The blockade and "free hand" policy prompted Amnesty International to report in 1993: "Government and military restrictions on access to the island have also meant that the security forces have been virtually free of public scrutiny ... the government has created a climate in which human rights violations have been almost inevitable."

The Bougainville interim government's representative to the United Nations, Mike Forster, says, "I believe that the Australian government is now cognisant of the fact that PNG is misusing Australian military support to commit human rights violations on Bougainville".

Australia currently gives PNG almost $30 million a year in military aid; it trains, feeds, clothes, advises and provides the ammunition of the PNG Defence Force (PNGDF). Australian and New Zealand pilots fly the helicopters that regularly strafe the villages. The helicopters have also been used to dump at sea the victims of torture and murder by PNG forces.

The Australian government, as with East Timor, tries desperately to cover up the war and atrocities, portraying it as an internal PNG matter.

Who benefits?

Who benefits from this barbarous and iniquitous war? Not the Australian taxpayers who are financing it. Not the Bougainvillean people who are the victims of it. Not the people of PNG whose political system is corrupt through and through, and who receive little or none of the revenue from the mine, but who provide the foot soldiers.

The only winner is CRA, possibly the most exploitative company in an industry which prospers on exploitation. By any standard, CRA's involvement is immoral; thousands of lives are being lost, many more are suffering terribly, and 40,000 people are now refugees of the war.

Lillian Crofts, a member of one of the landowning clans, who was recently granted refugee status in Australia, says her people don't want the mine ever to reopen. It has cost too many lives already. "I've got every right to say that the copper mine will not reopen.

"Bougainville is a beautiful island, but the copper mine has destroyed all the habitat. The waste from the mine goes down the Java River, and all the vegetation along the banks is dead."

Crofts says the war has developed into a fight to maintain their unique culture, in which equity exists between men, women and the environment. Their culture is being gradually diminished by the combined effects of the mine, missionaries and now the war. Bougainville is not dependent on the mine: the people can survive without it, Crofts insists.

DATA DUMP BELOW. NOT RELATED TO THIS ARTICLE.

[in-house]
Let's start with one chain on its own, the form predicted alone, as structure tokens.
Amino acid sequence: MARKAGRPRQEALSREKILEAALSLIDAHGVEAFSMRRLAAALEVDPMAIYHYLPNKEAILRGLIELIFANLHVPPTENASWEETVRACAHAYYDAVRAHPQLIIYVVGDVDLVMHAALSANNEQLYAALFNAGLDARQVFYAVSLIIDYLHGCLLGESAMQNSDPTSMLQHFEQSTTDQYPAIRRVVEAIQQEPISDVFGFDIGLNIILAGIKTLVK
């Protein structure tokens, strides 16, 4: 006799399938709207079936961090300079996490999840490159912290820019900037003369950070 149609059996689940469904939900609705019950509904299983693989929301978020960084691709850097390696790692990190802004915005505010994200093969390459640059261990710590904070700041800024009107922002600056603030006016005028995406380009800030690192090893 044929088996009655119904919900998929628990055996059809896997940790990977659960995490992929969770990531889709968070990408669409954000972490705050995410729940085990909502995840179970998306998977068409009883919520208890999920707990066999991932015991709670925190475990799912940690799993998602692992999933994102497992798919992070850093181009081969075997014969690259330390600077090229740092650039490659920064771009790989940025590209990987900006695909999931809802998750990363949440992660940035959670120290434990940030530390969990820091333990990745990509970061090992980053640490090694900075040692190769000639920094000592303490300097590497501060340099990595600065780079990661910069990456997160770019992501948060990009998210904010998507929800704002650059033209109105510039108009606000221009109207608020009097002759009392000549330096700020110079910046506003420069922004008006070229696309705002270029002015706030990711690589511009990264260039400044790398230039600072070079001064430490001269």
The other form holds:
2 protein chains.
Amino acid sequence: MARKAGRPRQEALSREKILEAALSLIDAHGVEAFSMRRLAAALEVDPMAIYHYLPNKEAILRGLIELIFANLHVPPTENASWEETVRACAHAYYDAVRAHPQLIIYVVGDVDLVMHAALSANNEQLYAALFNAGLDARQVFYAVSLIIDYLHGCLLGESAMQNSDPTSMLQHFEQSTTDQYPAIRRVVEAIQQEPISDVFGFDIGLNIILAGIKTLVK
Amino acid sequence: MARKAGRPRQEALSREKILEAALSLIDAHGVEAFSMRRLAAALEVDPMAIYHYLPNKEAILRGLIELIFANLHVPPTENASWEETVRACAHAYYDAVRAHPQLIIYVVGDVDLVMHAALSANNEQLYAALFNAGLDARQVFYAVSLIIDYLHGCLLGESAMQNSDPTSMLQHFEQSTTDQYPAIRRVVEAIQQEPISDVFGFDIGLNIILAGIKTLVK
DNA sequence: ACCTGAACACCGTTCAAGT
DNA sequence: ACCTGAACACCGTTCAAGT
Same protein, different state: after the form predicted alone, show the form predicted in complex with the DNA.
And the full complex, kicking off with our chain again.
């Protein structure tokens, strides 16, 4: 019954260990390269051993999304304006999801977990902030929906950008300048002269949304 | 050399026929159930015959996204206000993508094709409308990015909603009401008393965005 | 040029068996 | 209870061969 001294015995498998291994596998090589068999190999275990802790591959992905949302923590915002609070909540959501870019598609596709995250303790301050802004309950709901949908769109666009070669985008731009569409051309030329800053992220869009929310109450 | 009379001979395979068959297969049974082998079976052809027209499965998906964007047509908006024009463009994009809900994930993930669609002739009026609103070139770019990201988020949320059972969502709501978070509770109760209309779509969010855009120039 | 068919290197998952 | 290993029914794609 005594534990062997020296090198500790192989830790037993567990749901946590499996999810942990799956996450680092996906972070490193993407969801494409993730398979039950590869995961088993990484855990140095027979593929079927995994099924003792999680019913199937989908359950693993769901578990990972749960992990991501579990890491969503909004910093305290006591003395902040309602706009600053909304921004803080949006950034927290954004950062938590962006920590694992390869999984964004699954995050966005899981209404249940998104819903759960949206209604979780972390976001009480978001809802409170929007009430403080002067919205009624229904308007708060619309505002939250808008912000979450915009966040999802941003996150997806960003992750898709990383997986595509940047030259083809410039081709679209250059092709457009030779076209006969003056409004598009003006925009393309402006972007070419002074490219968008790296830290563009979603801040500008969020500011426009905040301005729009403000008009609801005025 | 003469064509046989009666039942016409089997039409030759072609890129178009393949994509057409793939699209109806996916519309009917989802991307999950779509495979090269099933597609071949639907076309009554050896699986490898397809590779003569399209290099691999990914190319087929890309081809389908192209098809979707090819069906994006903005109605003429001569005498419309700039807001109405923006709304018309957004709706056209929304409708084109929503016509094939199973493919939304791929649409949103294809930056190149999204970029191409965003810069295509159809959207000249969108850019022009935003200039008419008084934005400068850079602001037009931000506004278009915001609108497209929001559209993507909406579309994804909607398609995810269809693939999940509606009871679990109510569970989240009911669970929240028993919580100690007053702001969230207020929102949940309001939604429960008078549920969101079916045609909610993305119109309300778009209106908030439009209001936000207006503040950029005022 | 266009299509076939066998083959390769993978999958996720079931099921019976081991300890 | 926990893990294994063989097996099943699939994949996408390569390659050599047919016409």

"Australia has put a veil over Bougainville" which hides the effects of the war, the blockade and the human rights violations. It is appalling, says Crofts, that Australia supplies helicopters which are used to strafe villages, killing many children.

A CRA spokesperson recently conceded the obvious environmental destruction, but claimed that the company has been sensitive to the population!

Shares jump

The Financial Review reported that the value of CRA's mine on Bougainville sharply increased, by $48 million, on January 20. "Speculators on the Australian stock exchange now value the hole [mine], which would probably engulf the entire Sydney or Melbourne CBD, at $441 million."

Since December the value of the mine has jumped 83.33%, partly due to an expected increase in the price of base metals, but also due to a heightened expectation of the retaking of the mine site. Even so, the Financial Review columnist concedes, "It will be the very late 1990s before anything moves at Panguna, other than perhaps the worth of its hole".

Wingti is in Australia from February 8 doing the bidding of the mining giant. He is reportedly seeking finances for a mining venture on the Pacific island of Lihir, where CRA has discovered gold.

"The Australian people need to send a clear message to Mr Keating and Paias Wingti that they do not support the Australian involvement in Bougainville or PNG's genocidal program", appeals Mike Forster, from Geneva.

The Bougainville interim government has made it clear it wants a negotiated settlement. But the island's terrain is ideal for guerilla warfare, and the people have made known their preparedness to continue the war as long as they are forced to.

Speaking to Green Left Weekly, Max Lane, an Asia-Pacific activist and a leading member of the Democratic Socialist Party, commented: "The Australian government should recognise Bougainville's independence, halt all military aid to PNG while they occupy Bougainville and insist on the ending of the blockade. Furthermore, CRA should be pressured into transferring ownership of the Panguna mine to the Bougainvillean people from whom the land was stolen."